Corps' trainers target 'ungoverned' areas of world.


CAMP LEJEUNE, N.C. -- The first element of the Marine Corps' new special-operations command already is scrambling to tackle its mission--to help prepare the soldiers of under-developed nations to defend themselves against terrorists.

The foreign military unit, as it has been dubbed, was established in October 2005, said its operations officer, Maj. Herman Glover. Ultimately, it will include 430 Marines and Navy medical corpsmen. The unit will be organized into a headquarters element, four companies built around two-dozen 11-man teams and a standards and training cadre. The companies will focus on specific regions where cultures and languages are similar, Glover said.

"We want to operate in 'Phase Zero' countries, Third-World locations where things haven't gone totally wrong yet." These include countries in Asia, Africa and South America, he said. Thus far, Glover said, 10 nations have indicated an interest.

Training foreign military personnel has been a core assignment for special operators at least since 1952, when the Army's Special Forces were founded. But the pace of that training has grown significantly in recent years as part of emerging U.S. counter-terrorist operations. In 2004, in addition to fighting in Iraq and Afghanistan, special operators participated in more than 50 joint combined-exercise training events with other nations around the world.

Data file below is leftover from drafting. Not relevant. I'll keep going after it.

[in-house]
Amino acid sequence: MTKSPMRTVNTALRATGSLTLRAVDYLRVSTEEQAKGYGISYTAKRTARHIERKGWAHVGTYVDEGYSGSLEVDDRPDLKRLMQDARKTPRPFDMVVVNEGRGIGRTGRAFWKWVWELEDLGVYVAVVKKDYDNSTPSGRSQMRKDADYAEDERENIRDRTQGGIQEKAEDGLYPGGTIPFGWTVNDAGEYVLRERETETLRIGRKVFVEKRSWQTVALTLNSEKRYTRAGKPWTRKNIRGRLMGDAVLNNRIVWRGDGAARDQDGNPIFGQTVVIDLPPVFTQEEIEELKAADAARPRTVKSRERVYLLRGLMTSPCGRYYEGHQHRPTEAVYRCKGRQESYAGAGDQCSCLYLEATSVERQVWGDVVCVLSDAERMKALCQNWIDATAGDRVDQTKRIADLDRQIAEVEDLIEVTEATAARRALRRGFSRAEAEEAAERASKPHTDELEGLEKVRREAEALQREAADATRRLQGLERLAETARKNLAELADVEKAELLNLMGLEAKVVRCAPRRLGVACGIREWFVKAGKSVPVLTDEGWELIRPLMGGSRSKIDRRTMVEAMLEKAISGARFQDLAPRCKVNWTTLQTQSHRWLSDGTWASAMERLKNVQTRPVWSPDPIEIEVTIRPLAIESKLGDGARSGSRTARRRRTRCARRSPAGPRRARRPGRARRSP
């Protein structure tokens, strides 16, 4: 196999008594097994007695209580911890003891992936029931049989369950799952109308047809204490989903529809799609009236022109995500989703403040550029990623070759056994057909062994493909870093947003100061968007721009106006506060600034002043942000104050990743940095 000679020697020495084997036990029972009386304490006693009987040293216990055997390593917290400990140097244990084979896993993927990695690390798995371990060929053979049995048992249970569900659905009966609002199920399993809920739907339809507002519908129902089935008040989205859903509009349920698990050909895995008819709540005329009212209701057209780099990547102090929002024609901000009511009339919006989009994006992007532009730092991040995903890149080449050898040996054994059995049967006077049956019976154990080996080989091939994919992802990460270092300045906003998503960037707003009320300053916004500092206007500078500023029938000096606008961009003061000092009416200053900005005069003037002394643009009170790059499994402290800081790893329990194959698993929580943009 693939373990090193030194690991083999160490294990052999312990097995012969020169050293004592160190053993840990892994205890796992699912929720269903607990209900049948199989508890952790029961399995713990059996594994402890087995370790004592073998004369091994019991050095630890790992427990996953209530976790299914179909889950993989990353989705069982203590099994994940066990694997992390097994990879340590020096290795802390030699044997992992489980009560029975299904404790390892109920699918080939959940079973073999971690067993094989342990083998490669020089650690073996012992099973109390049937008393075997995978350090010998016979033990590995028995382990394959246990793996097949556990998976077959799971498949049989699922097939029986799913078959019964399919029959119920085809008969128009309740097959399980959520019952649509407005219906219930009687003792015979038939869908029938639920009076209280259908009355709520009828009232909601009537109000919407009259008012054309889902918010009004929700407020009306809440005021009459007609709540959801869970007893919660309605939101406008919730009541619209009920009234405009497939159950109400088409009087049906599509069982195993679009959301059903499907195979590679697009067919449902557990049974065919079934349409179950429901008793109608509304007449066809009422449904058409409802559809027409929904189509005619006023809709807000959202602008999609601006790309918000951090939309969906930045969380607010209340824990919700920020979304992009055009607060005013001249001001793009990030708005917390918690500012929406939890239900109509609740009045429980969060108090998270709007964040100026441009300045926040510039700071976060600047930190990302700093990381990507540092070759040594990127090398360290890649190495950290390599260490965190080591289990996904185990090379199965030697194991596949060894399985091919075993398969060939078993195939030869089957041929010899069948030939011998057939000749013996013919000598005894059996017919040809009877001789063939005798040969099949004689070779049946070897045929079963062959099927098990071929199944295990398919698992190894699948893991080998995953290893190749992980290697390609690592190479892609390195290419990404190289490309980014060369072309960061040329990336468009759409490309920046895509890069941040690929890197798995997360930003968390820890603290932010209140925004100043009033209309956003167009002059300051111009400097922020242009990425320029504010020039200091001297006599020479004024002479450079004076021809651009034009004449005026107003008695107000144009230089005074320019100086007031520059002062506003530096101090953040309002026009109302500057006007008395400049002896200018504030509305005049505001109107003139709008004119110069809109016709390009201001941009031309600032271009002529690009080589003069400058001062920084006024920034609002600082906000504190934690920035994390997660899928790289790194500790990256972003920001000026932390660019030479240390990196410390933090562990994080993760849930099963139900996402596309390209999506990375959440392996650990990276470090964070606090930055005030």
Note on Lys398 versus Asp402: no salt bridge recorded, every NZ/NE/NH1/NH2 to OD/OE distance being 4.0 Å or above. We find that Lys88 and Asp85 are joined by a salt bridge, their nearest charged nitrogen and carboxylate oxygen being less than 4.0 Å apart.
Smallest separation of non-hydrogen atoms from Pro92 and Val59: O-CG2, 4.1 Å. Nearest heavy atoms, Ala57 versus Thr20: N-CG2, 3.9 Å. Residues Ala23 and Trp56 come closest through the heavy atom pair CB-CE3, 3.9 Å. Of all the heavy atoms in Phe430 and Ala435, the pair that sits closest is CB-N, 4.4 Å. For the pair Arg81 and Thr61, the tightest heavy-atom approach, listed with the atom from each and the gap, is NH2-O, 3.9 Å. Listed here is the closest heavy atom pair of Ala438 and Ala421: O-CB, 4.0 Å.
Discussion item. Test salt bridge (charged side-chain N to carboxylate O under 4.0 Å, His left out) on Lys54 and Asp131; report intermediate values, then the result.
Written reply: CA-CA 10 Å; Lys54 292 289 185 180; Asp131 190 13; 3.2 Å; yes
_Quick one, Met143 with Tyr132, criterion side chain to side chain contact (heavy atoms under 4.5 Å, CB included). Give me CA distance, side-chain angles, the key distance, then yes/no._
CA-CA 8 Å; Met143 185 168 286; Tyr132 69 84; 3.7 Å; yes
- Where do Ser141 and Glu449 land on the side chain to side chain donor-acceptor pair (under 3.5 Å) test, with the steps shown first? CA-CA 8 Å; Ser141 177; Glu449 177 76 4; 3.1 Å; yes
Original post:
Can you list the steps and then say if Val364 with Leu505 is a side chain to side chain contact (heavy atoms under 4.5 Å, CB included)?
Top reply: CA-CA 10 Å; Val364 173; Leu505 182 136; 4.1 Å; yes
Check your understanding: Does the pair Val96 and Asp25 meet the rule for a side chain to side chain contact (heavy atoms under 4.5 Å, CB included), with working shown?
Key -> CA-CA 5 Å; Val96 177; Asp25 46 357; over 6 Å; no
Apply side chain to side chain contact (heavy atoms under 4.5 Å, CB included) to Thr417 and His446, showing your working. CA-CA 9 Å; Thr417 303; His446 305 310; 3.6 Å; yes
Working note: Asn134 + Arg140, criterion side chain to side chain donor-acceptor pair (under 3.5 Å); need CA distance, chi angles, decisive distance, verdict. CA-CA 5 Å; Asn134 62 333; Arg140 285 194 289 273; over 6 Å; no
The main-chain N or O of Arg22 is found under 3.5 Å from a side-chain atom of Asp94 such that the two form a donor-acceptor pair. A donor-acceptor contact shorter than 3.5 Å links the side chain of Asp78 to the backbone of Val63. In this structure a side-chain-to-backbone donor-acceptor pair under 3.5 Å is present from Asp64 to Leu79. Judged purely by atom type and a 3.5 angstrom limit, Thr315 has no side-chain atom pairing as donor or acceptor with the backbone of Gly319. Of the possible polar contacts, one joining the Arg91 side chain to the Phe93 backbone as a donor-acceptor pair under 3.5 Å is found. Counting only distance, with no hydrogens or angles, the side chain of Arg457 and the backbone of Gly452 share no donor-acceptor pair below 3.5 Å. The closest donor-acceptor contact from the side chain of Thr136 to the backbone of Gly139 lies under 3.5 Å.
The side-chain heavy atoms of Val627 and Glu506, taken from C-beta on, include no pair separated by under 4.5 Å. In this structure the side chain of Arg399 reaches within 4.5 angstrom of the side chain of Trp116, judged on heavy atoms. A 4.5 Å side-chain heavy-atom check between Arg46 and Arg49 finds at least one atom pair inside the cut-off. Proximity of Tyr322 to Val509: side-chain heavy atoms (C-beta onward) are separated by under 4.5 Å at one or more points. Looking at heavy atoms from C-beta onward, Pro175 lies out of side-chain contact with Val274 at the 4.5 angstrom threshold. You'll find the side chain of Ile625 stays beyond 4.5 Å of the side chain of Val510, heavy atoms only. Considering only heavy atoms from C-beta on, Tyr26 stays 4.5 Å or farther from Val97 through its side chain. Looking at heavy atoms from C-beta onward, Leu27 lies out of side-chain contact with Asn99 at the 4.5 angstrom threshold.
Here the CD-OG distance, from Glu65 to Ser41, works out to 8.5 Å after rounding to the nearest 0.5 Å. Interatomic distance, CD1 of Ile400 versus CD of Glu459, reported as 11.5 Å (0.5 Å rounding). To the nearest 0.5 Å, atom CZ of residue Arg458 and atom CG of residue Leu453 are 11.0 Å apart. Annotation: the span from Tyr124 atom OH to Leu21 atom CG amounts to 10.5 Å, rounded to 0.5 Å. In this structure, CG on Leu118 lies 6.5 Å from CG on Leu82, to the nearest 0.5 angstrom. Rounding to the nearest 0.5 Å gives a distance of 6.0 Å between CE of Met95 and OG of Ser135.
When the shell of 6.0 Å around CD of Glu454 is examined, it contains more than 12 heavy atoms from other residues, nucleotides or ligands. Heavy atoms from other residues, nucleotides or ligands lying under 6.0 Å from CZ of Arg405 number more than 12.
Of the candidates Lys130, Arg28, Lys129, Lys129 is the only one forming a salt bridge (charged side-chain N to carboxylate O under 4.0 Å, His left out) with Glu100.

Marines have begun relieving them of some of that burden. In 2002, Marine Corps Forces Europe took over the training of military units in the former Soviet Republic of Georgia. Since then, Marines have provided schooling for soldiers in wide swaths of Africa, Asia and South America.

The FMTU will centralize and focus those efforts and coordinate them more closely with the U.S. Special Operations Command, Glover explained.

Teams will deploy to host nations for periods ranging from six weeks to three months, he said. They will teach basic infantry and counter-terrorist tactics. Among the subjects will be:

* Individual skills, such as marksmanship with individual and crew-served weapons, hand-to-hand combat, first aid and tactical communications.

* Small-unit tactics, including coastal interdiction, patrolling, offensive and defensive operations, urban shooting skills and civil affairs.

* Anti-terrorism and force protection, such as access control and unit self-defense.

* Support functions, including basic logistics and casualty evacuation.

* Leadership and law of land warfare.

The idea...

To continue reading